Three years ago when she started, she did not know that the big black covered cup with the wire joined to the wall could boil water. So when Aunty Hajiya, her madam said something to her and said " kin gane? " she nodded. She left her in the kitchen satisfied she understood, when in reality she had no idea what she had just said. Before now, Alisabatu's command of Hausa had been limited to the weekly conversations with Fulanin Gwari. He lived near them with his family and cattle in Sabon Gaya and he came every Monday to Kasuwan Litinin market to buy ginger from their family stall.

Moreover, Mai Ungwa, the man that brought them to Kaduna had told them to always keep their faces blank, say yes and nod to everything they were told. And more importantly, never to ask questions. So when Aunty Hajiya got back and started shouting, she kept saying, "kiyi hakuri," apologising for whatever it was she was shouting about. Mai Ungwa also told them to say that whenever they were shouted at. 

And as she was shouting she took the big cup, opened and filled it with water, put it in the wall and pressed the red part. It boiled while she was still shouting. That was how she learnt, learnt that shouting meant she was about to be taught something the right way and she had to watch attentively.

The slaps started the next day, when she put the mop in the freezer to clean out the dirty melted ice that lay at the bottom.  She heard the shout before she felt the sting of the slap. She grabbed the mop from her and threw a rag at her which she quickly deduced was the right thing to use. As Alisabatu looked at her blankly, she asked "what are you looking it, are you daring me?" She threatened to slap her again for looking her in the eye. But Mai Ungwa had forgot to warn her that a blank expression could also be seen as an act of insolence that could also attract a slap.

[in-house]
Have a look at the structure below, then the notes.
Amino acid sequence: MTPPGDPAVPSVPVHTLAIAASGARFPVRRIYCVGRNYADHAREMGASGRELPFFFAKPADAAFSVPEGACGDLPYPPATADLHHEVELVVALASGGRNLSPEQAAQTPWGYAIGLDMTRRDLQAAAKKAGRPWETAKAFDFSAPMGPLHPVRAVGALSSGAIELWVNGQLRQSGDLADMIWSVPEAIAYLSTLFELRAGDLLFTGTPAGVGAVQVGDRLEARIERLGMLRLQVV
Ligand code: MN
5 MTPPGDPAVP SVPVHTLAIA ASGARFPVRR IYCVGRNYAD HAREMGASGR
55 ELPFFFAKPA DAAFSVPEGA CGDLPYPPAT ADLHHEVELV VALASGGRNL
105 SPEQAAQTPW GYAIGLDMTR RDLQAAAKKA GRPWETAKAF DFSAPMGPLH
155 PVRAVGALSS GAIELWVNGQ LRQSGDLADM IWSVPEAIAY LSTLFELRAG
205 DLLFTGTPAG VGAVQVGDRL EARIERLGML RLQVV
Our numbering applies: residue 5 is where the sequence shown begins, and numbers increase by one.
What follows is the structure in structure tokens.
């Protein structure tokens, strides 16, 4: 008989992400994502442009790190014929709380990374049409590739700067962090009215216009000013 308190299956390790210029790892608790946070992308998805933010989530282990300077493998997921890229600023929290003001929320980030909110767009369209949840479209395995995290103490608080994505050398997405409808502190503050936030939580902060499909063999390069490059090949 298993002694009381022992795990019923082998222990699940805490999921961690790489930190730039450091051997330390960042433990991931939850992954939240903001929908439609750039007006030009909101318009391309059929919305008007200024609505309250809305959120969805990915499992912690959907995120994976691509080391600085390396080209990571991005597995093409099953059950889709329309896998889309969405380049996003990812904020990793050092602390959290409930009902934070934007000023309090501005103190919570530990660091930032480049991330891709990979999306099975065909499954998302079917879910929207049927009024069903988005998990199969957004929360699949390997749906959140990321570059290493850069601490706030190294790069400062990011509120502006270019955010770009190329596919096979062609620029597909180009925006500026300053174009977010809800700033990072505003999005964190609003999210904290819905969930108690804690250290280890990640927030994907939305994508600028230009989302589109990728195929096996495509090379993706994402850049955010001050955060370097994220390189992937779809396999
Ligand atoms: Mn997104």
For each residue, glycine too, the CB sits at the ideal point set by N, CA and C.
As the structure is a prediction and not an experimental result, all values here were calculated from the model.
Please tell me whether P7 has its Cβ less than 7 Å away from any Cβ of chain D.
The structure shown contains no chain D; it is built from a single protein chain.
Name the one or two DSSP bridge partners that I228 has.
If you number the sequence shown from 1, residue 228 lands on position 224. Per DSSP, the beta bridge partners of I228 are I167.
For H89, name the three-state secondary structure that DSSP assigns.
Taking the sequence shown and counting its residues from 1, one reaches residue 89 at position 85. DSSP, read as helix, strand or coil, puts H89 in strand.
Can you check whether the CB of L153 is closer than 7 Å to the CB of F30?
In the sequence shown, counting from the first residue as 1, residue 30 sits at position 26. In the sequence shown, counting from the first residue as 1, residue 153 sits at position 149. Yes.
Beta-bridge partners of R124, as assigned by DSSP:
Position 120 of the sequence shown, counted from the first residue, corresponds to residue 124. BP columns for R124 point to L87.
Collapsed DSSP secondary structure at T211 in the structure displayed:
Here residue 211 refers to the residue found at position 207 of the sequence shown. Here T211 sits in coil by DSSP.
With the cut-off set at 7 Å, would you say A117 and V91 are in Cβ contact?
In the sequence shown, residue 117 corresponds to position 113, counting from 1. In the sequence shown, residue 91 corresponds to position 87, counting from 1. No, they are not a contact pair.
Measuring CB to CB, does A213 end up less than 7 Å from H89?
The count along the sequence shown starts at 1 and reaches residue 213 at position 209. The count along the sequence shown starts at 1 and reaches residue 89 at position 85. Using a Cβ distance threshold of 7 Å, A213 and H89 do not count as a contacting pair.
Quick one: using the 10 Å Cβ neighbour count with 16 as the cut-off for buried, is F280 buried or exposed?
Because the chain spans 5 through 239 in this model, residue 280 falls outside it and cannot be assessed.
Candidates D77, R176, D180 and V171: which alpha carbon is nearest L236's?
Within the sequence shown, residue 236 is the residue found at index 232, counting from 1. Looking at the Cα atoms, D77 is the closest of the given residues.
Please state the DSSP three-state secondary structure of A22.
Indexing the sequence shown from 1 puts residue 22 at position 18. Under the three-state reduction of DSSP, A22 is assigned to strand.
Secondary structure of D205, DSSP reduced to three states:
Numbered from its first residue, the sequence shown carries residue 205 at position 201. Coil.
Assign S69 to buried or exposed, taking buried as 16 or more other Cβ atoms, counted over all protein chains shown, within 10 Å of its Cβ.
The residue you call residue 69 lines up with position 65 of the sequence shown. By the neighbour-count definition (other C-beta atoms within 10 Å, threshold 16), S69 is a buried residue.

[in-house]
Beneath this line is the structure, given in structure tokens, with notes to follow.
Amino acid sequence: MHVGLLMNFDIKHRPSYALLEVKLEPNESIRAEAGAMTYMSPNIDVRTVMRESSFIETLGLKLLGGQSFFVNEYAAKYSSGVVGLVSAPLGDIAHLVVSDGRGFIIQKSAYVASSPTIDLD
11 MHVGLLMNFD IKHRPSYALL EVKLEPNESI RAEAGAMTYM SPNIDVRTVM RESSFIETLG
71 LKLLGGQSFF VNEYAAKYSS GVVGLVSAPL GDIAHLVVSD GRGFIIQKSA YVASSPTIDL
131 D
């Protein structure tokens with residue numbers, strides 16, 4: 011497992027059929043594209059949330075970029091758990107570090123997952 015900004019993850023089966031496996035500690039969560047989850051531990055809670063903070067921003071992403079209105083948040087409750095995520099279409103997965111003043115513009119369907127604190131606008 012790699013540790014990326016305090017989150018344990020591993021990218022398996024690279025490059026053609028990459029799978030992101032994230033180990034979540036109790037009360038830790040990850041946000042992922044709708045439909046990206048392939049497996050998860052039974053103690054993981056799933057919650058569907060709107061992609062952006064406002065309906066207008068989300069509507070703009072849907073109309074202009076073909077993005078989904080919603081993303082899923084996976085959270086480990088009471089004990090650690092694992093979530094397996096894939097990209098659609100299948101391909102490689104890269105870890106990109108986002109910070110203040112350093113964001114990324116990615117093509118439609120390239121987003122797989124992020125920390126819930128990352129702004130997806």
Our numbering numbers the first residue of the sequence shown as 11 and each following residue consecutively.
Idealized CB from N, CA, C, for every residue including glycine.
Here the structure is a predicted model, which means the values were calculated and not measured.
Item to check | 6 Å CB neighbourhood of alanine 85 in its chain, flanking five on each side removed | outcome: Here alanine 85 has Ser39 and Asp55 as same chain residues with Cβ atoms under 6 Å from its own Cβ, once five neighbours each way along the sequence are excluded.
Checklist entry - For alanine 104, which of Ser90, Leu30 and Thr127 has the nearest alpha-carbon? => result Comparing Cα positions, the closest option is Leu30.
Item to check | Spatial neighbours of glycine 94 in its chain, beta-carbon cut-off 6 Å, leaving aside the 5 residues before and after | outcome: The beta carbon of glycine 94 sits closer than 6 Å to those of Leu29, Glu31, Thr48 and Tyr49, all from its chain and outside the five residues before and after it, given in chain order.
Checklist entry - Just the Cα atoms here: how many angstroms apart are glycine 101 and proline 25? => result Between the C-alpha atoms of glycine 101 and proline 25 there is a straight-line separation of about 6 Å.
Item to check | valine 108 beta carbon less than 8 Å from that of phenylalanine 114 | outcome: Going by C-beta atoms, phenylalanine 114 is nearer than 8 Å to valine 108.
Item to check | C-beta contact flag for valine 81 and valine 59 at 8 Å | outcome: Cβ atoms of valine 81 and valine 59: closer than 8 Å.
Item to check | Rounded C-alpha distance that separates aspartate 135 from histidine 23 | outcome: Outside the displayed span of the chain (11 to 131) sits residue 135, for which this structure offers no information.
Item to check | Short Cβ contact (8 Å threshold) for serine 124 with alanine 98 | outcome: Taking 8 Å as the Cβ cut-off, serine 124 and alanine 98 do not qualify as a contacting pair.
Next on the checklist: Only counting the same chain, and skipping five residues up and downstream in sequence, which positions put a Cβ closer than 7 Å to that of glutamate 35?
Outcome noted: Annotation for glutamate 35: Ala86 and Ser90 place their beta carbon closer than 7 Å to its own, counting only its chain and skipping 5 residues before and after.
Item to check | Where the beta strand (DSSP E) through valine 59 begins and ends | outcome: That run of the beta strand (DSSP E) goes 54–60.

She gathered much later that Aunty Hajiya believed she was possessed, all because when she first came, the lights in the room she shared with the children went on, off, on, off for a good while. She was moved to the store near the kitchen where the rats were familiar, the only thing in this place that reminded her of home. She wished Mai Ungwa had told her that the kitchen had to be cleaner and shinier than Oga James' 'hospital' back home, it was the only place that had electricity in the village and she was never allowed to switch it on or off.

She wished that she would be given money to buy something nice and new, something that belonged to her first. A hair clip, or maybe a phone, but especially sanitary towels, so she doesn't get shouted at every month when she says she can't find the freezer rag.

She wished that Mai Ungwa would come before the rainy season, so he can talk to Aunty Hajiya about putting her in school or learning a trade. Recently she had been threatening to send her away. Alisabatu wished she had been the one that had gone to Abuja to Aunty Hajiya's sister. She was kinder to Murna, who had been sent her to learn to sew as soon as she arrived. 

And even though Murna got pregnant for Shuaibu, Oga's driver; who denied her. She had opened a tailoring shop in Sabon Gaya and was making money, she had soon got a husband; even though it was the village drunk without having to live at Mama Karuwa's house in the station selling her body and badly cooked food.

Maybe next year she will ask Mai Ungwa to follow the Abuja bus.